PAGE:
|Quartz Crystals||Hot Springs County, Fisher Mountain, Mount Ida|
|Jasper||Crater of Diamonds State Park, Murfreesboro,|
|Rock Crystals||Mount Ida, Fisher Mountain, Hot Springs County|
|Serpentine||Saline County, North of Blocher, Pulaski County|
Various types of quartz crystals are present in Arkansas, such as rock crystals, amethyst, smoky quartz, and here you can also find cryptocrystalline quartz varieties such as chalcedony, agates, jasper, banded chert.
You can find quartz crystals in Arkansas in places such as Hot Springs County, Fisher Mountain, or Mount Ida.
Smoky quartz is present in Jessieville, Garland County, and near the Magnet Cove intrusion in Hot Springs County. Near Lake Ouachita, some big quartz specimens have been discovered. Quartz crystals have also been found in Saline County.
Head to Mount Ida and go to Fisher Mountain at the Ocus Stanley Mine to find rock crystals and even smoky quartz samples. Another significant region is located in Hot Springs.
The rock ridges situated outside of Hot Springs National Park are where you can find some beautiful rock crystals and quartz crystal specimens.
What Minerals Are Found in Arkansas?
Arkansas has a wide variety of minerals. Here you can find manganese, pyrite, galena, fluorite, calcite, chlorite, feldspar, uranium ore, Columbium ore, wavellite, variscite, sphalerite, smithsonite, greenockite, zinc, cinnabar, antimony, diopside, epidote, apatite, monticellite, perovskite, kimzeyite, or sphene (titanite), among others.
In the table below, we have highlighted some of the more popular minerals that you can find in Arkansas and their locations.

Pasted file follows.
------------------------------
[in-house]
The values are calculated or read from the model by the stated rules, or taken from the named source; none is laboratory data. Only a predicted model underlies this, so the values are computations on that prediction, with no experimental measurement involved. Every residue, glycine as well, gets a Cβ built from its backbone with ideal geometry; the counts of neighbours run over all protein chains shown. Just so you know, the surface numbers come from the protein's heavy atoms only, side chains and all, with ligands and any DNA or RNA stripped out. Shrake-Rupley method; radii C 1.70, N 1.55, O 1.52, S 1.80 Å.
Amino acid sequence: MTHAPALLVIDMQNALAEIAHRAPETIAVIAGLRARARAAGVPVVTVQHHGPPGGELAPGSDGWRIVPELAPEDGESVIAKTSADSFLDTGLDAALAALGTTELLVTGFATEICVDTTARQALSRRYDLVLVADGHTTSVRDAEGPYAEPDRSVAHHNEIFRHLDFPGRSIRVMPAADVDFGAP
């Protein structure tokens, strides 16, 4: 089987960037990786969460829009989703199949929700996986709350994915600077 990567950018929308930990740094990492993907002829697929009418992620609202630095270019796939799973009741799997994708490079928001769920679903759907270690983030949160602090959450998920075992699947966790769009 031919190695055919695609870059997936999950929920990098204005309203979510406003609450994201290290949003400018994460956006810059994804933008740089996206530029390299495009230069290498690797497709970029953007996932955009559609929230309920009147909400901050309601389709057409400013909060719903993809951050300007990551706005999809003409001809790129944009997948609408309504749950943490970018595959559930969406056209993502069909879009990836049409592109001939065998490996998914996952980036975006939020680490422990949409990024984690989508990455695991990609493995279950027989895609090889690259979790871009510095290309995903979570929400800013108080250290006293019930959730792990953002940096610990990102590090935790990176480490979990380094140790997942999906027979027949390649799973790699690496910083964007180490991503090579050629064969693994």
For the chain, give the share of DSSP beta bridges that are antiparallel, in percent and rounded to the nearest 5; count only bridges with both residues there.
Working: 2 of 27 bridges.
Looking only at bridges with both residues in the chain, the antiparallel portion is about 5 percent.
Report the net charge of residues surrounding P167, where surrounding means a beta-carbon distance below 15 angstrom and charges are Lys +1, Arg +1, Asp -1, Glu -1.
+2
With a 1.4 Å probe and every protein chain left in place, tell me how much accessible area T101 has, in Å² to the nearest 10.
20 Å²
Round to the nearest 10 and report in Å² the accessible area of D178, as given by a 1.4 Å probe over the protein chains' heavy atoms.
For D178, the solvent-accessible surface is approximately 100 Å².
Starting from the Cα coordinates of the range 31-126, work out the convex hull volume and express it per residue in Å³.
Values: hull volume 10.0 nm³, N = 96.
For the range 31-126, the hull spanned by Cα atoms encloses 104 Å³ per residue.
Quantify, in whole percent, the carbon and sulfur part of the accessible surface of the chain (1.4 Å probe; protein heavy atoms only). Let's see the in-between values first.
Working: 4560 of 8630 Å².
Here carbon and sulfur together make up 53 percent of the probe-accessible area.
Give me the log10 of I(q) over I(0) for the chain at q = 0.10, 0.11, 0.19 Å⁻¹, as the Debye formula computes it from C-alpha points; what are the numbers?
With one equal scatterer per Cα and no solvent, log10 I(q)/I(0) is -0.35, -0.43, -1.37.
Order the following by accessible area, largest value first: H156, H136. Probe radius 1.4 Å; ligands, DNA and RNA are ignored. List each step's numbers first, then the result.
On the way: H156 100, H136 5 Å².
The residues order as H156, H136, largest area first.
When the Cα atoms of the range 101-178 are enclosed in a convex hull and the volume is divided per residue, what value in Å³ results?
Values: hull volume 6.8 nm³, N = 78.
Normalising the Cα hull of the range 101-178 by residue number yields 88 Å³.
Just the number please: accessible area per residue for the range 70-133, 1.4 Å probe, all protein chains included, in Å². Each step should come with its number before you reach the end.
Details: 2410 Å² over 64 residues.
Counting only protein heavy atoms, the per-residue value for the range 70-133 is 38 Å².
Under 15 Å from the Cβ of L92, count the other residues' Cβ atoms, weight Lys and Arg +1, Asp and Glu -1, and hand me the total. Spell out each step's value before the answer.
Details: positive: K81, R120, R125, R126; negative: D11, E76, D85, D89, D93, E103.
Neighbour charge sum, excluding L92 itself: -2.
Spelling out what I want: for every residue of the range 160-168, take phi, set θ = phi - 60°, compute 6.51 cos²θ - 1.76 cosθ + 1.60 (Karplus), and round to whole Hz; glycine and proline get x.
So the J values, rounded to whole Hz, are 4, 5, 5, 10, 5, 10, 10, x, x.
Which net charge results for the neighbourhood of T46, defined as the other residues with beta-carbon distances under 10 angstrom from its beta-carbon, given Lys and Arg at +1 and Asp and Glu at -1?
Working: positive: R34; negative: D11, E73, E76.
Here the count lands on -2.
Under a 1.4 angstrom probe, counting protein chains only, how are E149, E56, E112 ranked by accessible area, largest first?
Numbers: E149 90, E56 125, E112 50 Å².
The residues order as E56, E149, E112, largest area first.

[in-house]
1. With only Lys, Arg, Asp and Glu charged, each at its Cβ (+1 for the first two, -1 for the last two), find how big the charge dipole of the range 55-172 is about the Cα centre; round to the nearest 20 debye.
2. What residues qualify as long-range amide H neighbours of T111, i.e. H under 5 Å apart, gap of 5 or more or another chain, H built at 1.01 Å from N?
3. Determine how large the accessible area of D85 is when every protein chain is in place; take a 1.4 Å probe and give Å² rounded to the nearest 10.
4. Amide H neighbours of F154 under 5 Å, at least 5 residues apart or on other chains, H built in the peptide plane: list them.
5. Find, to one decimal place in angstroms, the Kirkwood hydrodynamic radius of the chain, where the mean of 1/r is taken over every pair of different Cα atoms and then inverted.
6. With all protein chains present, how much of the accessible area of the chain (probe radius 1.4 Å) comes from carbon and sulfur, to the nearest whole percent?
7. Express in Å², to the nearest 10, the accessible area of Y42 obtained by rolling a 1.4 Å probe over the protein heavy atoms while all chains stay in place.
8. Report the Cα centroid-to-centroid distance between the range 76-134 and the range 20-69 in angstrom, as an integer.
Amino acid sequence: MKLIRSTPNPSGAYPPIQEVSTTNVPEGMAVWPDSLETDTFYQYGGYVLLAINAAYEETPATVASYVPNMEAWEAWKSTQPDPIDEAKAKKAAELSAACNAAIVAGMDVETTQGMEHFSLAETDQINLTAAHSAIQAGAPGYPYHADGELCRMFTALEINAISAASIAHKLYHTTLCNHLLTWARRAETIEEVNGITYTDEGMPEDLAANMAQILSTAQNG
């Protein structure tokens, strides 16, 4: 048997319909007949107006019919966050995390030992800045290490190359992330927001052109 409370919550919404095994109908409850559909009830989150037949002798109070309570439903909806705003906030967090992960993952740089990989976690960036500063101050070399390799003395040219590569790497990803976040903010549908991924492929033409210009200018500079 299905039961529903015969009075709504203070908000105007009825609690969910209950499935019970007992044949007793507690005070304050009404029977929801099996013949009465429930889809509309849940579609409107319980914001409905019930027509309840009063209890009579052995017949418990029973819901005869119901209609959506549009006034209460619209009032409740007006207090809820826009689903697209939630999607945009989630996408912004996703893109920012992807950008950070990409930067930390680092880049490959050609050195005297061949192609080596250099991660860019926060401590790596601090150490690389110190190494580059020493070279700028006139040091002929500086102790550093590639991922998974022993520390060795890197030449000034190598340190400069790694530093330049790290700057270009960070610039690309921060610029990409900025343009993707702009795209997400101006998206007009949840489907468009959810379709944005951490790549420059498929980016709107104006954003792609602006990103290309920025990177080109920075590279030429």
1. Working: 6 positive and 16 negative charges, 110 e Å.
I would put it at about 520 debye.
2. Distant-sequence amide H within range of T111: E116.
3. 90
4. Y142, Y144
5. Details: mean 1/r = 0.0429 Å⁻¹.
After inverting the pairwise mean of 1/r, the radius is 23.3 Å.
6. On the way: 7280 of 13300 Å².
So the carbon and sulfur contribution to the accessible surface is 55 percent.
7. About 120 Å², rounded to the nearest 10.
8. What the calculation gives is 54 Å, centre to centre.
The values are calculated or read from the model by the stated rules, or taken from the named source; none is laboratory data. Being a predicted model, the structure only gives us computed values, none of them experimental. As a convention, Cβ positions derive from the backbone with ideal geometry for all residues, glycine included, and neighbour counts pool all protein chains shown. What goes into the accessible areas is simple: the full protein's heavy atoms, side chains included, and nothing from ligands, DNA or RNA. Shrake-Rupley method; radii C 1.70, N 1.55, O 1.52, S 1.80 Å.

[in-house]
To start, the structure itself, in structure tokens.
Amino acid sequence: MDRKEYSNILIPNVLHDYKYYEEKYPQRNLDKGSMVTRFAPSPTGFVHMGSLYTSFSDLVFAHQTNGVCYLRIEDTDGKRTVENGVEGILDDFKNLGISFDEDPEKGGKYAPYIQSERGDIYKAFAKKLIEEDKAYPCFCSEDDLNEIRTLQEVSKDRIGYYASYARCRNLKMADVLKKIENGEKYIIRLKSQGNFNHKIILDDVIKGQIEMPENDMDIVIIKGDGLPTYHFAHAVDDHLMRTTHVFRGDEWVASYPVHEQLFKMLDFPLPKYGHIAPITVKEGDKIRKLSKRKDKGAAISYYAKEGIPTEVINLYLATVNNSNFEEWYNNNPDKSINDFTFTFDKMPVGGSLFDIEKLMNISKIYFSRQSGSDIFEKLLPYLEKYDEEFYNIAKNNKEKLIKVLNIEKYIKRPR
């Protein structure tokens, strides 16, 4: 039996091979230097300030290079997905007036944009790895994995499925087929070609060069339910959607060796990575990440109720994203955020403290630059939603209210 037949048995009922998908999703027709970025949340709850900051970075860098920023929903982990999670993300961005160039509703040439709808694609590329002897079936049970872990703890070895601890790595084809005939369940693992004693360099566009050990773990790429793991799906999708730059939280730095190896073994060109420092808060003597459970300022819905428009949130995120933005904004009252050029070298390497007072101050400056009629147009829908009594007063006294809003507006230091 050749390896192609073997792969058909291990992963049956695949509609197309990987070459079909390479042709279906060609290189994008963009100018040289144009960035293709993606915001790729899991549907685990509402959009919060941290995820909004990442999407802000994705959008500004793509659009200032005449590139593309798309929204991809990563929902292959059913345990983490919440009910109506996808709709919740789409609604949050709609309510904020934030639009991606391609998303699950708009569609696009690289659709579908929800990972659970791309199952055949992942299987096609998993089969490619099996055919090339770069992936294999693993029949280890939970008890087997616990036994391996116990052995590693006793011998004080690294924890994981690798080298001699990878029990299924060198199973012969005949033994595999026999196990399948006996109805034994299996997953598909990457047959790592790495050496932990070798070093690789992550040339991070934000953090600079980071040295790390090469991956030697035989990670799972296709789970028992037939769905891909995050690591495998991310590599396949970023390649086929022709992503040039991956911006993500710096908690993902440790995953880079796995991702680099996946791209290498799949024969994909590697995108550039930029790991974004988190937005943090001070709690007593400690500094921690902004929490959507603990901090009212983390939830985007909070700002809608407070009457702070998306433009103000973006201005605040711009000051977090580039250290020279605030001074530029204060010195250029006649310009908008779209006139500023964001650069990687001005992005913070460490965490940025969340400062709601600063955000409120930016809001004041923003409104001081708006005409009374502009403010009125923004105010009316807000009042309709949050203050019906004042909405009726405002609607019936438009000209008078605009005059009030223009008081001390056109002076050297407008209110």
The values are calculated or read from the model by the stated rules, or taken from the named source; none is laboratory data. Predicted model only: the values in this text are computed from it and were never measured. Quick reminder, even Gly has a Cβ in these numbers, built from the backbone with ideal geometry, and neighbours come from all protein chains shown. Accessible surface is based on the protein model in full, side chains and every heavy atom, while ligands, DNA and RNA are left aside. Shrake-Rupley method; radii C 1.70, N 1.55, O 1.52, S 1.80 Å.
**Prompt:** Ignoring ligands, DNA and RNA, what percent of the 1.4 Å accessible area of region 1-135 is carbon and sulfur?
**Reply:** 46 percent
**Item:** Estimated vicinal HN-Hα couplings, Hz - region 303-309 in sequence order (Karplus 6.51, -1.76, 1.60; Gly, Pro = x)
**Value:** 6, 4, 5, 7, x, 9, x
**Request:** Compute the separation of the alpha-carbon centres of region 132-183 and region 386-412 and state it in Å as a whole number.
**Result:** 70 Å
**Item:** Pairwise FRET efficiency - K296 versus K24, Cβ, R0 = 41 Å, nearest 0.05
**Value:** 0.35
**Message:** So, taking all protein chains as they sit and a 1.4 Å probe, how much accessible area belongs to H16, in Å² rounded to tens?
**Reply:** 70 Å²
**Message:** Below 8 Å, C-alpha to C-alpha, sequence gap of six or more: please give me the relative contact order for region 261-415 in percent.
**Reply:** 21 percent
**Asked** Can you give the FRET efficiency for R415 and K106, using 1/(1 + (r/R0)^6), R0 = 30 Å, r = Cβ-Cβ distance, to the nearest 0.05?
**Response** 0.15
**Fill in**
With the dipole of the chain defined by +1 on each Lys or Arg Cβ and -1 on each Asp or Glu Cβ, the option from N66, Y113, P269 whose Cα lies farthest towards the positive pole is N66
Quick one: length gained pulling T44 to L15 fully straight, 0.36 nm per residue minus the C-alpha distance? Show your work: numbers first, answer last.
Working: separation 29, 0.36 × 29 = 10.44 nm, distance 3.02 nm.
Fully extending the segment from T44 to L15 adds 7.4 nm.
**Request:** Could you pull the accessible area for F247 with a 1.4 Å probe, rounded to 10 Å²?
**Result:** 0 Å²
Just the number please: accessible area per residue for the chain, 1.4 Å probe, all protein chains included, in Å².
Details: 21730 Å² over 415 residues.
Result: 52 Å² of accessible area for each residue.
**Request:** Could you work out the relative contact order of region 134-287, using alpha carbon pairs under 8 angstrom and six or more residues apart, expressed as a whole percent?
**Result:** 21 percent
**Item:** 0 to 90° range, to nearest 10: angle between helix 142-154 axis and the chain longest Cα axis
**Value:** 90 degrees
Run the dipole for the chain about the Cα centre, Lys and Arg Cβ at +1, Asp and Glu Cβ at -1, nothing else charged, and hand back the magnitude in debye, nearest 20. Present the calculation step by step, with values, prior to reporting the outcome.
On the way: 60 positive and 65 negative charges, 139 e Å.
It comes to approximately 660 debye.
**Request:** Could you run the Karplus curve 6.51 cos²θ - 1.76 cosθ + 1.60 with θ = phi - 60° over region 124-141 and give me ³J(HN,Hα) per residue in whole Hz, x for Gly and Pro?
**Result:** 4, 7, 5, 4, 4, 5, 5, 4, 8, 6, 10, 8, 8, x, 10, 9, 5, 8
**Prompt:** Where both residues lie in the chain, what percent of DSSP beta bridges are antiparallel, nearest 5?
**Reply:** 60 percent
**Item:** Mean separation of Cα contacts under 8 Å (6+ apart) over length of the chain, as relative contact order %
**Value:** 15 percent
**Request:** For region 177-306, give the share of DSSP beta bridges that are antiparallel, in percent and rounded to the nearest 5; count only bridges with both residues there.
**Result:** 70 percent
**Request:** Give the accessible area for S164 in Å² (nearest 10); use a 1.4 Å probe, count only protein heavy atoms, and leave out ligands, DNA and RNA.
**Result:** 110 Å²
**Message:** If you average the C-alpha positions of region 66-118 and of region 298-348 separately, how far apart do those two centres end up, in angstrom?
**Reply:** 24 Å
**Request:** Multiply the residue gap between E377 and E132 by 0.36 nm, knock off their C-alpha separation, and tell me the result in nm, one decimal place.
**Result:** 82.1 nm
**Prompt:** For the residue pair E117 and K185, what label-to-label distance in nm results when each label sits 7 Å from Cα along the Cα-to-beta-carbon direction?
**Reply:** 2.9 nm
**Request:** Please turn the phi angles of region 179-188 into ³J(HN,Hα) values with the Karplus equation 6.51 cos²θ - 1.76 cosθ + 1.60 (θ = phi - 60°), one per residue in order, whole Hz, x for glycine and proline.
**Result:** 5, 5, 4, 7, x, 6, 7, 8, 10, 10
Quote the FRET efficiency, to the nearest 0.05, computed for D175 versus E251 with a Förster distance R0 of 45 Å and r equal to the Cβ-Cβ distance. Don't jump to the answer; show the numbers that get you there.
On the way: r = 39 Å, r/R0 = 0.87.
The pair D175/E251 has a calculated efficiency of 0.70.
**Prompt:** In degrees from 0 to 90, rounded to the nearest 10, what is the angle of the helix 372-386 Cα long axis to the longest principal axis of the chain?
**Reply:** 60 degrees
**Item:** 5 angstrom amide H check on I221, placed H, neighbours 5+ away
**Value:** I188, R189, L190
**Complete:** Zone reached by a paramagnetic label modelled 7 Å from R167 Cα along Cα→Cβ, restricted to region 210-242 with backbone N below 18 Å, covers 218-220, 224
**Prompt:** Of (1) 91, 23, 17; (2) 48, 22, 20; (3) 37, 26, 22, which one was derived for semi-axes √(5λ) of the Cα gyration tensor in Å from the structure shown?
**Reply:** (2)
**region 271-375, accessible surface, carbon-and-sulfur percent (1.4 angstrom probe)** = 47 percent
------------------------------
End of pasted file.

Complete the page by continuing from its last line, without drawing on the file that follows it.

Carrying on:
|Manganese||Batesville District, West-Central Arkansas District, Saline County|
|Pyrite||Magnet Cove, Prairie Creek, Marion County|
|Galena||Marion County, Yellville area mines, Boone County|
|Fluorite||Lake Catherine, Hot Springs County, Garland County|
When it comes to manganese minerals, they can be found in Arkansas in large deposits at the Batesville District and the West-Central Arkansas District.
The mines in the northwestern parts of Independence County, Izard County, or Stone County produce most manganese ore.
The West-Central Arkansas District where manganese is found include Saline County, Pulaski County, Garland County, Hot Springs County, Montgomery, Pike, Polk, and Howard counties.
If you want to find pyrite, head to the south slope of West Mountain in Hot Springs Country. In Marion County, you can discover pyrite at the Yellville area mines.
Head to the Prairie Creek in Murfreesboro, Pike County, or go to the Cove Creek in Magnet Cove to discover pyrite cubes and stay on the lookout for other mineral specimens that are just waiting to be found.
TIP: Arkansas is full of glowing minerals undere UV light. Do you know how to use UV light for finding rocks? Check out the ultimate guide about rockhounding with UV light in the article below: